Archive for March, 2012

Search Meetup Cambridge – Challenges of Unstructured Data

Another Cambridge Search Meetup this week, with two speakers on unstructured data, plus the usual networking, beer and snacks. We started with Dean Yearsley of Pingar talking and bravely attempting a live demo of their API, which amongst other things has facilities for entity extraction in multiple languages including English, Chinese and Japanese. The Pingar system is written in .Net and thus unsurprisingly plays well with Sharepoint: Dean demonstrated it automatically providing extra metadata for Sharepoint items, especially useful if a new column has been added to a Sharepoint store, as it would be tedious for operators to have to add data for this column to each item manually.

Jordan Hrycaj of 7Safe, recently acquired by PA Consulting, was up next to talk about what he described as ‘ad-hoc’ search – for use in digital forensics or digital discovery applications. The application he described can be used to search the hard disks of suspect PCs or servers for information such as credit card numbers extremely quickly, working at a low level to avoid leaving any impression on the data (i.e., no file timestamps are altered) and usually working on live systems. This system is command line based, tiny in size and portable across operating systems and is an impressive way to cut down the likely candidates for a data security breach. It was fascinating to hear about a way to search that doesn’t depend on indexing, and the compromises made for performance reasons (i.e., regular expressions can be used but without wildcards).

Thanks to both speakers and to all who came to hear them. We already have some more talks lined up so we expect the next Meetup to be sooner rather than later!

Search backwards – media monitoring with open source search

We’re working with a number of clients on media monitoring solutions, which are a special case of search application (we’ve worked on this previously for Durrants). In standard search, you apply a single query to a large amount of documents, expecting to get a ranked list of documents that match your query as a result. However in media monitoring you need to search each incoming document (for example, a news article or blog post) with many queries representing what the end user wants to monitor – and you need to do this quickly as you may have tens or hundreds of thousands of articles to monitor in close to real time (Durrants have over 60,000 client queries to apply to half a million articles a day). This ‘backwards’ search isn’t really what search engines were designed to do, so performance could potentially be very poor.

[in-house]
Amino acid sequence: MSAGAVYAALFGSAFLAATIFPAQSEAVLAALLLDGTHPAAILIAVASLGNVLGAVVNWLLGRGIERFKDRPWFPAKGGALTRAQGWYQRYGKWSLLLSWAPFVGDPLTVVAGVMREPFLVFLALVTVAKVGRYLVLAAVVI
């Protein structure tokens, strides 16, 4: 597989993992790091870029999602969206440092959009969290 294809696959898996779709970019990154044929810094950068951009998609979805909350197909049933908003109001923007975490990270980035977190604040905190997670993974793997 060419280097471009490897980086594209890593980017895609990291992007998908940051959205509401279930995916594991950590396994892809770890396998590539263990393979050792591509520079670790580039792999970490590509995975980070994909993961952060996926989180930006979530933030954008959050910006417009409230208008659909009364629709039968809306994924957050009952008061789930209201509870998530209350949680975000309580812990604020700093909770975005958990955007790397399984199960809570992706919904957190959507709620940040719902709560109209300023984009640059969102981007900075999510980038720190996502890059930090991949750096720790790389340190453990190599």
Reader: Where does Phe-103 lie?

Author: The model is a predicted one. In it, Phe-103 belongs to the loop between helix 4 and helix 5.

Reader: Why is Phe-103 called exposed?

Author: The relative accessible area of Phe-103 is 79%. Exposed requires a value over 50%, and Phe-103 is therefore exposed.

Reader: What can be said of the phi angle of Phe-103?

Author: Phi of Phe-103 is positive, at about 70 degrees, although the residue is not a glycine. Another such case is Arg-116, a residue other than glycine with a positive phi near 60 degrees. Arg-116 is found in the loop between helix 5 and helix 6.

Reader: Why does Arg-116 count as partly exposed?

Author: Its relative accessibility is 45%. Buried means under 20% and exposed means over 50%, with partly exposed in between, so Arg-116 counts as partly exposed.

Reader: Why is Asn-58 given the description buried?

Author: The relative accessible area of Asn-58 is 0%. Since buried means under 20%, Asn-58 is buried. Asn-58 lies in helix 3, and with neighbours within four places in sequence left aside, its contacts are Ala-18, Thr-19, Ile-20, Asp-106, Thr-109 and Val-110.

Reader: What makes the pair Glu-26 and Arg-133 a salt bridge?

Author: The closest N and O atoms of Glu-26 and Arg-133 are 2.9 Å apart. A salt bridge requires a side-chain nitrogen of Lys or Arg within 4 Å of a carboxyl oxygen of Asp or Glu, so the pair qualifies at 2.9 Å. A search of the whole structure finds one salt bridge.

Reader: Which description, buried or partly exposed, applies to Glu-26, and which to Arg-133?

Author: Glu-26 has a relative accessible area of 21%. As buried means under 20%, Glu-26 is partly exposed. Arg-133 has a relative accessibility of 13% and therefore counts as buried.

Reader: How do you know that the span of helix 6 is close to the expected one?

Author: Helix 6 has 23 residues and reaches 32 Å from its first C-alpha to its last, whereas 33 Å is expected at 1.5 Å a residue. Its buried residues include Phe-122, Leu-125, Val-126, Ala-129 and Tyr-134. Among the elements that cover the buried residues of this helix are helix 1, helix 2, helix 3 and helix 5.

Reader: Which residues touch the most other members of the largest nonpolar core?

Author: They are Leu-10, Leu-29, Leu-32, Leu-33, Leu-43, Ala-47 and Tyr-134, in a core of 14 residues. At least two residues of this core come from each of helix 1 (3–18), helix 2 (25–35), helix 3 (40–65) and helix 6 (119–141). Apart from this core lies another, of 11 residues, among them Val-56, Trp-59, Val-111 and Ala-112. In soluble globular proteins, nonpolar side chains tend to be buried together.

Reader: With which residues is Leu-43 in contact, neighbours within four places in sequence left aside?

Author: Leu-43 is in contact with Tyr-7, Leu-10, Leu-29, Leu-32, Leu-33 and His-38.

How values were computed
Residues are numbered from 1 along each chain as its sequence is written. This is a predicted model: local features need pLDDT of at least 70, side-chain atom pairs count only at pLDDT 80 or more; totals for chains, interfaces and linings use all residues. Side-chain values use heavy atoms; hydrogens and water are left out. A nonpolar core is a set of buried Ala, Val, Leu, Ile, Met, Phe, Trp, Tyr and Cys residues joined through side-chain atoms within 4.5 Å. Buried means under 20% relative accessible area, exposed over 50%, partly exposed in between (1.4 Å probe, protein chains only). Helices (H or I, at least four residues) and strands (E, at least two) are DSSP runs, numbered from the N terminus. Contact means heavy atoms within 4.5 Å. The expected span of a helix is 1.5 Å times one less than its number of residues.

There are several ways around this problem: for example in most cases you don’t need to monitor every article for every client, as they will have told you they’re only interested in certain sources (for example, a car manufacturer might want to keep an eye on car magazines and the reviews in the back page of the Guardian Saturday magazine, but doesn’t care about the rest of the paper or fashion magazines). However, pre-filtering queries in this way can be complex especially when there are so many potential sources of data.

We’ve recently managed to develop a method for searching incoming articles using a brute-force approach based on Apache Lucene which in early tests is performing very well – around 70,000 queries applied to a single article in around a second on a standard MacBook. On suitable server hardware this would be even faster – and of course you have all the other features of Lucene potentially available, such as phrase queries, wildcards and highlighting. We’re looking forward to being able to develop some powerful – and economically scalable – media monitoring solutions based on this core.